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Why Do More Open Economies Have Bigger Governments?

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  • Dani Rodrik

Abstract

This paper demonstrates that there is a robust empirical association between the extent to which an economy is exposed to trade and the size of its government sector. This association holds for a large cross-section of countries, in low- as well as high-income samples, and is robust to the inclusion of a wide range of controls. The explanation appears to be that government consumption plays a risk-reducing role in economies exposed to a significant amount of external risk. When openness is interacted with explicit measures of external risk, such as terms-of-trade uncertainty and product concentration of exports, it is the interaction terms that enter significantly, and the openness term loses its significance (or turns negative). The paper also demonstrates that government consumption is the majority of countries.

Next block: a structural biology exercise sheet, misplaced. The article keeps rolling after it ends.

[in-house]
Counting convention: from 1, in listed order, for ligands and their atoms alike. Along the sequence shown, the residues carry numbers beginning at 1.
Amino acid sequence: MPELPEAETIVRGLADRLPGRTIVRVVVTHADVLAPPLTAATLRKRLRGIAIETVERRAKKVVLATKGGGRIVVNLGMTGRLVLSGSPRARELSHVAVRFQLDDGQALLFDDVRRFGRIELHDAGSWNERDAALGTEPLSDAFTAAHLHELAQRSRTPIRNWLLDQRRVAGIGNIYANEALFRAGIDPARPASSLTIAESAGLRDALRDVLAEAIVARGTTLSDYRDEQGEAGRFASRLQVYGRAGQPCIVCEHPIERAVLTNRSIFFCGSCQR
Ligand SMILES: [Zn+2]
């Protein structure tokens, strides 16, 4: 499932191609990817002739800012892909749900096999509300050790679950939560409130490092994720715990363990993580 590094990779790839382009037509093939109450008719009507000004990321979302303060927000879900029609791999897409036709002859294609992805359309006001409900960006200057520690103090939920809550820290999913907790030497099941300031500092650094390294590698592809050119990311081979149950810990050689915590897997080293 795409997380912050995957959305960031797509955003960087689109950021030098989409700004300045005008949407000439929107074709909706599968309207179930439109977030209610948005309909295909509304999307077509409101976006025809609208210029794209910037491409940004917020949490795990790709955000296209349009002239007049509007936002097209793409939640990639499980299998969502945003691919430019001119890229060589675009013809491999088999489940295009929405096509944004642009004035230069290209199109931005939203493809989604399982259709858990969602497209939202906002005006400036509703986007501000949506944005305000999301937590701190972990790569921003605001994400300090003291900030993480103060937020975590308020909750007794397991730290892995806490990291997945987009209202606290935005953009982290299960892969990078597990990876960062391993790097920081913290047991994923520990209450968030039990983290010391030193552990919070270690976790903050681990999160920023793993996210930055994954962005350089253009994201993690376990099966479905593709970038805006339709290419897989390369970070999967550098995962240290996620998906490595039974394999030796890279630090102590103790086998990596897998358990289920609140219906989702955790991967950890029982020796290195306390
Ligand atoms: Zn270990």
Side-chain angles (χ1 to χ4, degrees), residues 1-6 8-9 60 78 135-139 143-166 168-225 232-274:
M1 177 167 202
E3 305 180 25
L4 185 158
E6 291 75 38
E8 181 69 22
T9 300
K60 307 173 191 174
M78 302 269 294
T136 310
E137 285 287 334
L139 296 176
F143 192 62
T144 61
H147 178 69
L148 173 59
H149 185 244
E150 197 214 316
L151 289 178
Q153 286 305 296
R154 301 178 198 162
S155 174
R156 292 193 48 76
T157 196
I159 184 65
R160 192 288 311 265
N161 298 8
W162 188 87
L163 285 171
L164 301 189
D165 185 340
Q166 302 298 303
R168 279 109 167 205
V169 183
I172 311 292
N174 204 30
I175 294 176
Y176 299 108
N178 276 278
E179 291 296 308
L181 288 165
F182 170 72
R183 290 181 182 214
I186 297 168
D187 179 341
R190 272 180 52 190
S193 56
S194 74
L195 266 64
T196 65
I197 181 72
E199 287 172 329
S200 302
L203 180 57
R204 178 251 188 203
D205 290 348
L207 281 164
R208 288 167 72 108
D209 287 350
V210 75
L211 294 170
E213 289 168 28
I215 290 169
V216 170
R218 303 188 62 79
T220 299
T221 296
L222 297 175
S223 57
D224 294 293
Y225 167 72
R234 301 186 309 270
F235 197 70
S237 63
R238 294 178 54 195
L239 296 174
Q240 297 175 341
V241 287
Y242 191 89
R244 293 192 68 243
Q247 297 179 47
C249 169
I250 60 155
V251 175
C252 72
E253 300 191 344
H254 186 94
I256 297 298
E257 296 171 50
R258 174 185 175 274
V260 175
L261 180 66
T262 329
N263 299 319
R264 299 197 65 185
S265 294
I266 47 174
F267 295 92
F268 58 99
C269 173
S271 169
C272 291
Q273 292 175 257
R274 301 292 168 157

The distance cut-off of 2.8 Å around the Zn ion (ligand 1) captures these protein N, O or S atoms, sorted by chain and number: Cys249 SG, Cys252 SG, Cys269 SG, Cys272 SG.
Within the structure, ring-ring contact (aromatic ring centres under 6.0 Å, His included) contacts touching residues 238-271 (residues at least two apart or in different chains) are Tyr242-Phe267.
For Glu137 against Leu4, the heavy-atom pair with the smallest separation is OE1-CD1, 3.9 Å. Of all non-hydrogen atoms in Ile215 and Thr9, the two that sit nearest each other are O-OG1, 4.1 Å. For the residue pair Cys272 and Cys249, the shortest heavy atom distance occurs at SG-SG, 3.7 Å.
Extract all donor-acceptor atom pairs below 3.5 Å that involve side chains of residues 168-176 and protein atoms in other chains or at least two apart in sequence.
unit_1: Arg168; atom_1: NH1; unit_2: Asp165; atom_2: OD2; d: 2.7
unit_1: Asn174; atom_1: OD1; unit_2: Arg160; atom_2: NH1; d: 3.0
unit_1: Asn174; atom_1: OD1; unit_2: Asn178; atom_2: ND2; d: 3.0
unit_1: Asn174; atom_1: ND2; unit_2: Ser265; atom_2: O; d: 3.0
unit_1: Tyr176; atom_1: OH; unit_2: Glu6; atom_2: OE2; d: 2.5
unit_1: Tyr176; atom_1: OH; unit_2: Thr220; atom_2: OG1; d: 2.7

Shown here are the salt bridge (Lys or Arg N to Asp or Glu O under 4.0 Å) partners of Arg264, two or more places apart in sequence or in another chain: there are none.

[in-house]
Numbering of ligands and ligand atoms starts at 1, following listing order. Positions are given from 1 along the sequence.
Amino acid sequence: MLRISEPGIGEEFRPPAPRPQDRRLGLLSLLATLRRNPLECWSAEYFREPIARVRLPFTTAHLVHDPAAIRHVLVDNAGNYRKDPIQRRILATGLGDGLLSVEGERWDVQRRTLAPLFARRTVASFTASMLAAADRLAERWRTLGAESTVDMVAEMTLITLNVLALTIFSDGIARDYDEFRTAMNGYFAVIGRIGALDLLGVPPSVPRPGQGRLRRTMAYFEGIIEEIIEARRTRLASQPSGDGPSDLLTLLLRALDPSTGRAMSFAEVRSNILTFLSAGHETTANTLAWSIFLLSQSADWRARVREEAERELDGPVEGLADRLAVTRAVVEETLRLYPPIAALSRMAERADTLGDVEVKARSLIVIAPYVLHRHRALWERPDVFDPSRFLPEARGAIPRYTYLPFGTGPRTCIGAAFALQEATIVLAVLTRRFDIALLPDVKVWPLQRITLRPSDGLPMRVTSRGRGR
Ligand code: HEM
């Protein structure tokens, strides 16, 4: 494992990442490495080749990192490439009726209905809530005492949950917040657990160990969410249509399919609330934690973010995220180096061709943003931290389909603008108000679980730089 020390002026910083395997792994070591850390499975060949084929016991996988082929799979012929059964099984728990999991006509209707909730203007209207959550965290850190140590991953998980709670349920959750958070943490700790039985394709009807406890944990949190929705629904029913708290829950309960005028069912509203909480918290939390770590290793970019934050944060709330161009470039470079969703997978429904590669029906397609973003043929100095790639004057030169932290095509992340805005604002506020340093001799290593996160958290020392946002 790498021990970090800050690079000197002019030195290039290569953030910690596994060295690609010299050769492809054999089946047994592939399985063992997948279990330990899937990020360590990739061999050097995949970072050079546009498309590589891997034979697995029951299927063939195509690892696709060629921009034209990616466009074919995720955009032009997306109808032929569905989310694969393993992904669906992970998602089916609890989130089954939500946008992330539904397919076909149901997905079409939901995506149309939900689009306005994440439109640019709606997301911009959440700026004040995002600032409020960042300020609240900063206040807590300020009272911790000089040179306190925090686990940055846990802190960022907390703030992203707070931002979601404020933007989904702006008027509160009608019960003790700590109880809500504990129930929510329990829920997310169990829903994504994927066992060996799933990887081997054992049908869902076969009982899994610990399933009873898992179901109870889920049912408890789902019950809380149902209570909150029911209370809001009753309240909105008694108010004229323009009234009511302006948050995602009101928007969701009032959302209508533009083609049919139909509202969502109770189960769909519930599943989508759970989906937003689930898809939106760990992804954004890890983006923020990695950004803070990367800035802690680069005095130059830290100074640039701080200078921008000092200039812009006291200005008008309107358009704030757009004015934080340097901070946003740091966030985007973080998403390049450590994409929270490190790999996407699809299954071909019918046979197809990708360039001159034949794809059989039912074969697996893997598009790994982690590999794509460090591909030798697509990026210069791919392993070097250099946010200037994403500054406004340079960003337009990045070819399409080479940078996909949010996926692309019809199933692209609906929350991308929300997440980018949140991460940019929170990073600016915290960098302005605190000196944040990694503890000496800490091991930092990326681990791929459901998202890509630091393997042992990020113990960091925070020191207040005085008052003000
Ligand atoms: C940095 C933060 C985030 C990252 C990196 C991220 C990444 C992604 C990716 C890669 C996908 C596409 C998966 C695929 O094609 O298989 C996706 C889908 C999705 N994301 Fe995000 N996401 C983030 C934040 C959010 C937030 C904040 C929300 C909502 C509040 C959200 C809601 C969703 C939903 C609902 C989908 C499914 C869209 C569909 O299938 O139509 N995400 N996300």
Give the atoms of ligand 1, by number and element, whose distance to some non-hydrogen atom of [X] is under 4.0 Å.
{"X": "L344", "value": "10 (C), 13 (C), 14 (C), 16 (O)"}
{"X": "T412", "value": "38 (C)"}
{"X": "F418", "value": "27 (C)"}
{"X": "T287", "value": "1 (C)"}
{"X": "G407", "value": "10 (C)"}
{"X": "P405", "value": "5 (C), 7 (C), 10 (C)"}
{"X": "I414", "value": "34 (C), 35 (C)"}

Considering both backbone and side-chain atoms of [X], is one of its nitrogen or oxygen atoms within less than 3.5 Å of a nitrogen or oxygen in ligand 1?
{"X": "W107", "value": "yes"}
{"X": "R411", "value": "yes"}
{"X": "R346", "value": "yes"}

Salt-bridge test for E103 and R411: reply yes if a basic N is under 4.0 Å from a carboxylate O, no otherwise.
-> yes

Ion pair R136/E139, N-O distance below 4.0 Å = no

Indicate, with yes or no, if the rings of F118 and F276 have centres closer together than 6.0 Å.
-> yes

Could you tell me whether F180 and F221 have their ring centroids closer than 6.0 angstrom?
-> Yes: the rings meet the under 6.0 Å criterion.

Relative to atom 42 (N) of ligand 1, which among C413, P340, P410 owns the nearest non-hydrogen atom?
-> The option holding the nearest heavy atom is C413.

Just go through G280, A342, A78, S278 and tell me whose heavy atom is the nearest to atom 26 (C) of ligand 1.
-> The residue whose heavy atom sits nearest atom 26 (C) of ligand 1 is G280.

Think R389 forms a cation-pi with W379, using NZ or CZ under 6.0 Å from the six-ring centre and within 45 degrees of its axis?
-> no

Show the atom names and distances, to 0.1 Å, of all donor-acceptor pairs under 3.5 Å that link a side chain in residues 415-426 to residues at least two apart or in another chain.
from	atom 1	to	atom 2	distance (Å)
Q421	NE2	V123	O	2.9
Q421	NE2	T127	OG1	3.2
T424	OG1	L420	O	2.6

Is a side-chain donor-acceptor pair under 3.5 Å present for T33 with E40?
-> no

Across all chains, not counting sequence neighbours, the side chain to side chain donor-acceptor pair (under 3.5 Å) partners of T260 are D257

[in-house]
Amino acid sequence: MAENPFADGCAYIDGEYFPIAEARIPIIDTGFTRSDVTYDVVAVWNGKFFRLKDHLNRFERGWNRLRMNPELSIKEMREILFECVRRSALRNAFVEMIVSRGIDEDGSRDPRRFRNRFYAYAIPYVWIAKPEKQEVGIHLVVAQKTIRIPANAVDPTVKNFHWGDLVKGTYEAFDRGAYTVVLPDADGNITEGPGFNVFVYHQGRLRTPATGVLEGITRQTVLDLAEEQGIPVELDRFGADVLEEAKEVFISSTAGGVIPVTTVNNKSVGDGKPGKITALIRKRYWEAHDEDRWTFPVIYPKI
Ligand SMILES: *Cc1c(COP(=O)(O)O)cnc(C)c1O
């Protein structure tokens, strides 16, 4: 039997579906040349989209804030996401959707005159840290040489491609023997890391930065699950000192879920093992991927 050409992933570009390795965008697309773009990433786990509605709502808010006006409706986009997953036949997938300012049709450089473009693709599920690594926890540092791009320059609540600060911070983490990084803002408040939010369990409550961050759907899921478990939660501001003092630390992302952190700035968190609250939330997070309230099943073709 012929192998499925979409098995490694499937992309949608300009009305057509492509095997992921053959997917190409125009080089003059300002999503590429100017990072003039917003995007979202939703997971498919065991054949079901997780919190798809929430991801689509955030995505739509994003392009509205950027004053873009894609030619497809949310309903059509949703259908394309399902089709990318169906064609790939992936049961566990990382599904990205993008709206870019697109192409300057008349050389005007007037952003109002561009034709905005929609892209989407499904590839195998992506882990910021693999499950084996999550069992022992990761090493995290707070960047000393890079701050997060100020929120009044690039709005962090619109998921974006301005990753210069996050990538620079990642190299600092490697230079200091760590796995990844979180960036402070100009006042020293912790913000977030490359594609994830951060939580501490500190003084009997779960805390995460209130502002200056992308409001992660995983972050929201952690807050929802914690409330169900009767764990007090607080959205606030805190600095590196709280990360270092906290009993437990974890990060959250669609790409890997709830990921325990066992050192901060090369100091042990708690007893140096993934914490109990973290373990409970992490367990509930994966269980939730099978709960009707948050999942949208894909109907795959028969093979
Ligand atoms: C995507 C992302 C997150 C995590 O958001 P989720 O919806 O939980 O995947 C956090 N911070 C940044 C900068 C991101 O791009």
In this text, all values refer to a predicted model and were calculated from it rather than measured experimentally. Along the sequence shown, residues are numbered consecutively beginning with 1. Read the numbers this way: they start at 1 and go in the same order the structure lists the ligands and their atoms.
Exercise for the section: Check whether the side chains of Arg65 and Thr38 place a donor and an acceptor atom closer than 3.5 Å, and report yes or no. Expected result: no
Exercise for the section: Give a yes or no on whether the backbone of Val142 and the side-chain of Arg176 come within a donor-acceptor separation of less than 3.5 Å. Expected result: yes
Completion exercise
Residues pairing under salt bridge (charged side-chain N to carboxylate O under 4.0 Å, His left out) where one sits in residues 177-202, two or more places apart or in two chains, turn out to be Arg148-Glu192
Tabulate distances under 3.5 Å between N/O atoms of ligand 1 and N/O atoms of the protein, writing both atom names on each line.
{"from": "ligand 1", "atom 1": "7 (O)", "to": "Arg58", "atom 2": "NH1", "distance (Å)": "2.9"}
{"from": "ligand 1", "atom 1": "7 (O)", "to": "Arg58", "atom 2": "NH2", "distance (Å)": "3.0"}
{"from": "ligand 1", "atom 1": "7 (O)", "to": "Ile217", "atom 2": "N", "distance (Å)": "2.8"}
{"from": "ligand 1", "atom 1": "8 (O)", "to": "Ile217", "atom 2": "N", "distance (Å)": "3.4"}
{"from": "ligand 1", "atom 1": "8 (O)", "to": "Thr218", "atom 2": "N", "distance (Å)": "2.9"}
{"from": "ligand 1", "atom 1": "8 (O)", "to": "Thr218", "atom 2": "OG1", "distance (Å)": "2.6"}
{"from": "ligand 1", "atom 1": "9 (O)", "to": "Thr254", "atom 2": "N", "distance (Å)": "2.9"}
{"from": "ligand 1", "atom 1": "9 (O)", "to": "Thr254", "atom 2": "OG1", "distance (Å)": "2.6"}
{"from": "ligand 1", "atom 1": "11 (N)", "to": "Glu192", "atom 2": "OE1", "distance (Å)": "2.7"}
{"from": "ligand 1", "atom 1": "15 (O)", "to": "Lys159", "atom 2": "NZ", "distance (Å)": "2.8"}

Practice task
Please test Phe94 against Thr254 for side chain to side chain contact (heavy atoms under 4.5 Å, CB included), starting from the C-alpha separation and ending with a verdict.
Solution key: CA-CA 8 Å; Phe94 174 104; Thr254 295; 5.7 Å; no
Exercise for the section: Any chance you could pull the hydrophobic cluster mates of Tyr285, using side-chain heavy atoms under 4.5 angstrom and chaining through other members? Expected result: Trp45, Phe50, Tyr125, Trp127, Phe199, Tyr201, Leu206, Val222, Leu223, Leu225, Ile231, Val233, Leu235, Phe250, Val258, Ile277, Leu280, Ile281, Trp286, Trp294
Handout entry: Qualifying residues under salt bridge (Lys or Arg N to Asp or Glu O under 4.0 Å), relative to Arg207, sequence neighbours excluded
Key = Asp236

Suggested Citation

  • Dani Rodrik, 1996. "Why Do More Open Economies Have Bigger Governments?," NBER Working Papers 5537, National Bureau of Economic Research, Inc.
  • Handle: RePEc:nbr:nberwo:5537
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    More about this item

    JEL classification:

    • H1 - Public Economics - - Structure and Scope of Government
    • F15 - International Economics - - Trade - - - Economic Integration

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